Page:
Birthday: May 11, 1892
Died At Age: 80
Sun Sign: Taurus
Also Known As: Dame Margaret Taylor Rutherford, Margaret Taylor Rutherford-Benn
Born in: Balham, London
Famous as: Actress
Height: 5'5" (165 cm), 5'5" Females
Spouse/Ex-: Stringer Davis
father: William Rutherford Benn
children: Dawn Langley Simmons
Died on: May 22, 1972
place of death: Chalfont St. Peter, Buckinghamshire, England
City: London, England
Cause of Death: Alzheimer
Diseases & Disabilities: Alzheimer's, Depression
Who was Margaret Rutherford?
Margaret Rutherford was an Academy Award-winning British actress, who mesmerized the audience with her memorable performances both on stage and screen. She was given her mother’s surname because her father was a mental patient. Her aunt raised her in London where she developed an interest in acting while studying in school. She first took private acting lessons and then joined Old Vic School in London at the age of 33. Eventually, her stage career began, and she made her first appearance on West End at the age of 40. Her movie career started when she was 43 years old. Rutherford was never offered any romantic roles because of her bulky frame and pronounced jowls, but that did not come in the way of her popularity. Today, she is best remembered as Miss Marple in Agatha Christie’s detective series, ‘Murder She Said’, ‘Murder at the Gallop’, ‘Murder Ahoy’, and ‘Murder Most Foul’.
Childhood & Early Life
Margaret Taylor Rutherford was born in 1892 in Balham, South London, to William Benn and Florence Rutherford. Her father, who was a poet and journalist, had a history of nervous breakdowns and was confined to a lunatic asylum for the greater part of his life.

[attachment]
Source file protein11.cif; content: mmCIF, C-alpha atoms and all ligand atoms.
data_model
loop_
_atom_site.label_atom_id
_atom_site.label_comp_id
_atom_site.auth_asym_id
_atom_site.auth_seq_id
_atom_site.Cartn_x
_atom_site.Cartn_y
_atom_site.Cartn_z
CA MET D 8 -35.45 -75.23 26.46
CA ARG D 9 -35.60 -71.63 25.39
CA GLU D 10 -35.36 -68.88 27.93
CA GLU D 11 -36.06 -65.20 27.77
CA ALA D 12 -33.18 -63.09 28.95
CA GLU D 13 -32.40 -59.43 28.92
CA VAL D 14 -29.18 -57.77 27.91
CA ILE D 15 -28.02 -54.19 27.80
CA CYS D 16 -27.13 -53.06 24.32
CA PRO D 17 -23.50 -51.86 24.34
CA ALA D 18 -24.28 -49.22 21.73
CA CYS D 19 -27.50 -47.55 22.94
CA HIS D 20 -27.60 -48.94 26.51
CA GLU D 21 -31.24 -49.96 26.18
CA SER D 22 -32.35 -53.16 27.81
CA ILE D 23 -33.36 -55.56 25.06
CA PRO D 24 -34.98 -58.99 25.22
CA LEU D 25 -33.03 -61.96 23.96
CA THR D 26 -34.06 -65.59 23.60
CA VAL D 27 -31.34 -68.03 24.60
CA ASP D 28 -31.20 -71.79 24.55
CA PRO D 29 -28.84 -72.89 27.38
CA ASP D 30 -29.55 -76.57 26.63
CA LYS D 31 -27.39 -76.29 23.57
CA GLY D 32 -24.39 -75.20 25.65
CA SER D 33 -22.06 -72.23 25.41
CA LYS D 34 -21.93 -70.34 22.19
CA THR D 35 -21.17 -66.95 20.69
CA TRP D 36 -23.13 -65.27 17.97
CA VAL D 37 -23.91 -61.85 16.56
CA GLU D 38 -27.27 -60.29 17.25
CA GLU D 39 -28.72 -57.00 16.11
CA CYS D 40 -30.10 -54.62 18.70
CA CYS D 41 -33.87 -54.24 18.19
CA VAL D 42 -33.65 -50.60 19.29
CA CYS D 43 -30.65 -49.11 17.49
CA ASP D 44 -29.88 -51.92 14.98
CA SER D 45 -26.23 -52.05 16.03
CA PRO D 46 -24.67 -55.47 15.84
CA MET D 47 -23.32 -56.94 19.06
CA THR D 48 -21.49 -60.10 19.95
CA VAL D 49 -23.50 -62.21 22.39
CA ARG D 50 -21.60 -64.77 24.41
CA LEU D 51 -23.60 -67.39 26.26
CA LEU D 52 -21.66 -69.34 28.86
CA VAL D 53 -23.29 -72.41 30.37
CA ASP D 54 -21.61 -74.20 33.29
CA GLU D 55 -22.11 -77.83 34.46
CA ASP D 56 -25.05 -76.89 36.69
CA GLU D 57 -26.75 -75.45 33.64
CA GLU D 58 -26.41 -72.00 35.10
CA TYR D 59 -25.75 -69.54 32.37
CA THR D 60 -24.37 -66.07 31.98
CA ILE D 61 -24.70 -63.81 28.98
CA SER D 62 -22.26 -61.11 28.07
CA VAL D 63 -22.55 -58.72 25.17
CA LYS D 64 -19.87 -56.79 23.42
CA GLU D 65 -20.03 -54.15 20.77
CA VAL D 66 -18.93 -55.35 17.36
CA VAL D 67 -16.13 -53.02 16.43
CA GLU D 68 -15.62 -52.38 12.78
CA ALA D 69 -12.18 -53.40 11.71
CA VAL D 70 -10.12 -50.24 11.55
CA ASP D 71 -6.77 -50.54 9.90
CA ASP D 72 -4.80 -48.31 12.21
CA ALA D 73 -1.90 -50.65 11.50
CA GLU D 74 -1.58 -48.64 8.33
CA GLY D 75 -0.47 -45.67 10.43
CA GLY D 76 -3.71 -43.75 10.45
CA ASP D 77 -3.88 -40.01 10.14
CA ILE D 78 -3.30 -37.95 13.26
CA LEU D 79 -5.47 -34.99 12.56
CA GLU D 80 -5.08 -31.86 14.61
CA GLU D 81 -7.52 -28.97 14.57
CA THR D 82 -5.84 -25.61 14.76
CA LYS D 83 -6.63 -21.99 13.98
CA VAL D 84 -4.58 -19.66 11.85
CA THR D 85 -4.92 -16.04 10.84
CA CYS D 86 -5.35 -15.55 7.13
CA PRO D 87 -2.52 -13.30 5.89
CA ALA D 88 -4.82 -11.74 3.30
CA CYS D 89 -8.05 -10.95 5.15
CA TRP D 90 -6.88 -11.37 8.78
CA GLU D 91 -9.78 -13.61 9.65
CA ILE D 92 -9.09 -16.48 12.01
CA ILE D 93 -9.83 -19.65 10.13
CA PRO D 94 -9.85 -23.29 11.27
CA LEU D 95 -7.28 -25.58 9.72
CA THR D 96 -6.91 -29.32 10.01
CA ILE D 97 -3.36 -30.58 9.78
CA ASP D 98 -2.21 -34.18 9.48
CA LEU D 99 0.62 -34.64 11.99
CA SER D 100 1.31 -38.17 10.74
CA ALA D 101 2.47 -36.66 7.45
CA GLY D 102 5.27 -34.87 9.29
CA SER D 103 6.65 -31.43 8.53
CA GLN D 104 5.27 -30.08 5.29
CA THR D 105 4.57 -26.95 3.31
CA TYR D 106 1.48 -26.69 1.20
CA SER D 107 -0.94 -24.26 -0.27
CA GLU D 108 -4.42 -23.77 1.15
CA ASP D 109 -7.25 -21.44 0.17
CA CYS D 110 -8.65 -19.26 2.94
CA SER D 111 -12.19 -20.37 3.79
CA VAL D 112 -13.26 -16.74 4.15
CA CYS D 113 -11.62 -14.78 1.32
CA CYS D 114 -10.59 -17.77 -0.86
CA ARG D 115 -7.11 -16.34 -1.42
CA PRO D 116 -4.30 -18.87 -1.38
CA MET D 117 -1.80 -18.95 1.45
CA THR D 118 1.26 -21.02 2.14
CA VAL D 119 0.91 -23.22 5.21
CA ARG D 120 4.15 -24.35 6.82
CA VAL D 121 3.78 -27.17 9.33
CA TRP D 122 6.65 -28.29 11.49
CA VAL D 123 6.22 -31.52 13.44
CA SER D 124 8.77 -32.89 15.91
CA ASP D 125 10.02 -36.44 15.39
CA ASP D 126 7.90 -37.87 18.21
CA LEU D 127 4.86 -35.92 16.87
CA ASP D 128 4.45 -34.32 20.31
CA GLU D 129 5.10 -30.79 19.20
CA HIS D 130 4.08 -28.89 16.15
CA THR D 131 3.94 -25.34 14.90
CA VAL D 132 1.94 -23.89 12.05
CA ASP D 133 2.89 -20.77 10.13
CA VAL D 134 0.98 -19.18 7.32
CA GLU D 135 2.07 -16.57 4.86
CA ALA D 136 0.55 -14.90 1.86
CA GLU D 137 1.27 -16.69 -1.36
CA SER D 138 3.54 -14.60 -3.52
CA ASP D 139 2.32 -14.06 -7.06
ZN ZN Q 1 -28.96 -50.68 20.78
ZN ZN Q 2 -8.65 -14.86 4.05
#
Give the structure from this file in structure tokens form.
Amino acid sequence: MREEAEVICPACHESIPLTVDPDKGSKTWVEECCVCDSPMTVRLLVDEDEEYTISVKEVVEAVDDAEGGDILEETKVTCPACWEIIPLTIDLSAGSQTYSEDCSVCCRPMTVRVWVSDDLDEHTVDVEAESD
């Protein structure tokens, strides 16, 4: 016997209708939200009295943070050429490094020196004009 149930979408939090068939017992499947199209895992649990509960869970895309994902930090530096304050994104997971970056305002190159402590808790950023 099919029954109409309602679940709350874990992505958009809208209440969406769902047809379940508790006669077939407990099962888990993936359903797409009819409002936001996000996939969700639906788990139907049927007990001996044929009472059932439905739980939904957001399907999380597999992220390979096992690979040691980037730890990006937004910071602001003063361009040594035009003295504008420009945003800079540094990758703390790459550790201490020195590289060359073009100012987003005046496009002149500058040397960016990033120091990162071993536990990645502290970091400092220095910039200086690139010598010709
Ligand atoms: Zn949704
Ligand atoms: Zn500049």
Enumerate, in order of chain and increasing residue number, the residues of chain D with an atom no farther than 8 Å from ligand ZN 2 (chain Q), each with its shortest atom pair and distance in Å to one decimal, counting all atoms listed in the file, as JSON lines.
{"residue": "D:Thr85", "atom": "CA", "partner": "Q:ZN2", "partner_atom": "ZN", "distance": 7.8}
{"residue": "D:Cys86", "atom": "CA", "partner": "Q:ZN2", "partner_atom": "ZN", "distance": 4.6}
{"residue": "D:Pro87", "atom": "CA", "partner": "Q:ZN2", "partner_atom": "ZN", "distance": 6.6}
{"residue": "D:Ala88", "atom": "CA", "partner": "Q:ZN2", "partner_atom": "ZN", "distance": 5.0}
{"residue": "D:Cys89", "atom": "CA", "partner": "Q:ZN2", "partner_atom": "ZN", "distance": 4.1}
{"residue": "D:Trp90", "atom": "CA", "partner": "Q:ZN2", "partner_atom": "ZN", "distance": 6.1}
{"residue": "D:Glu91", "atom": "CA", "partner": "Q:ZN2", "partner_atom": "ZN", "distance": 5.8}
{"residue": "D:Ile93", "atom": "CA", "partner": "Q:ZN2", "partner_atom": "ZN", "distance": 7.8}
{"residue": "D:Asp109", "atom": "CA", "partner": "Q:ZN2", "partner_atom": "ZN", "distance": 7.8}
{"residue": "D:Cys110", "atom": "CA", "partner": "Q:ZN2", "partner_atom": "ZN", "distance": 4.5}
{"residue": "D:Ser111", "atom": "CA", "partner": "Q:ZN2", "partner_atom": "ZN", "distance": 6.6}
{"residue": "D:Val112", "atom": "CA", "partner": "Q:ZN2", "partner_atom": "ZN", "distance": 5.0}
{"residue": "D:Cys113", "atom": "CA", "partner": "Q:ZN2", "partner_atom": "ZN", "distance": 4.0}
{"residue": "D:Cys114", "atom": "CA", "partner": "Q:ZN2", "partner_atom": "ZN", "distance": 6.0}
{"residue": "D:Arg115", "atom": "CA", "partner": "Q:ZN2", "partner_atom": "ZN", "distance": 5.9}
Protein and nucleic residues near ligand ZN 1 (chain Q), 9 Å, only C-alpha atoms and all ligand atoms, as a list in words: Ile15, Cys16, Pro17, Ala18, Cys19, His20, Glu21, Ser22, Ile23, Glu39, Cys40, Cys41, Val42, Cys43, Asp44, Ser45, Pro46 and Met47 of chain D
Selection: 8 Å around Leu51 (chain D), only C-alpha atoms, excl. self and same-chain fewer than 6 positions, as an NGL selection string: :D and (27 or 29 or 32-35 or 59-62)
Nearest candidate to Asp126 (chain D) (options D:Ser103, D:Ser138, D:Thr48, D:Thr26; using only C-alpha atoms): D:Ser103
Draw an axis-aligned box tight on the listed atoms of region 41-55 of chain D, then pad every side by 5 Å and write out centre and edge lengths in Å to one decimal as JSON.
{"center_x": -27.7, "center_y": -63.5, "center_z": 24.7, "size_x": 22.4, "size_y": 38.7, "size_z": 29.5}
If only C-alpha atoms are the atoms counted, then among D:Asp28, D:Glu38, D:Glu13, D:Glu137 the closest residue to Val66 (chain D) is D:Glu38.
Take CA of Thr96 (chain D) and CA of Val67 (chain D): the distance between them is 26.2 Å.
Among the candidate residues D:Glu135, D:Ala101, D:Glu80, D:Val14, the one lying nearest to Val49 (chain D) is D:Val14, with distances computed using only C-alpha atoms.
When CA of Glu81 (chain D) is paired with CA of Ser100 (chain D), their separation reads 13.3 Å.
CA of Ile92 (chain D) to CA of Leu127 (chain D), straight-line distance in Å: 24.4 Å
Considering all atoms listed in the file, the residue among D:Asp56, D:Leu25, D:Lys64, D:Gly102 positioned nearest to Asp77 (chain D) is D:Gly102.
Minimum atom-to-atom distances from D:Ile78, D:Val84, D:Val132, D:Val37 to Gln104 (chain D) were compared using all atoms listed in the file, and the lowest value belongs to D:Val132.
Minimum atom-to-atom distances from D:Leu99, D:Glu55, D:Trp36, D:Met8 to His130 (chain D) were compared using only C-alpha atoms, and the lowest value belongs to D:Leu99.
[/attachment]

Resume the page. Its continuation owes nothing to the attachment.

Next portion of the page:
Soon after her birth, the family relocated to India, where she lived until the age of three. After her mother committed suicide, she was brought back to London to be raised by her mother’s sister Bessie Nicholson. She was told that his father had died of a broken heart.
Until the age of 12, Rutherford studied at Wimbledon High School. Thereafter, she moved to Raven's Croft School in Seaford, where she became interested in dramatics and began to participate in plays.
Upon graduating from school, she began her career as a piano and elocution teacher. Around this time, she also began to take private acting lessons, which to a large extent were financed by her aunt.
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Margaret Rutherford’s aunt Bessie Nicholson passed away in 1925, leaving behind a legacy for her niece. Rutherford used the money to enroll in the Old Vic School in London. In the same year, she debuted on stage with small walk-on roles.
In 1928, she became an understudy to Mabel Terry-Lewis at the Lyric Theatre, Hammersmith. Thereafter, she began to work with different repertory theatres, slowly establishing herself as a comedy artist.
In 1933, she made her first appearance at the West End. However, she was mostly ignored by the critics despite her obvious talent. Nonetheless, she continued to work on stage, appearing in plays like ‘The Master Builder’, ‘Harvey House’, ‘Tavern in the Town’, 'The Melody That Got Lost' and ‘Spring Meeting’.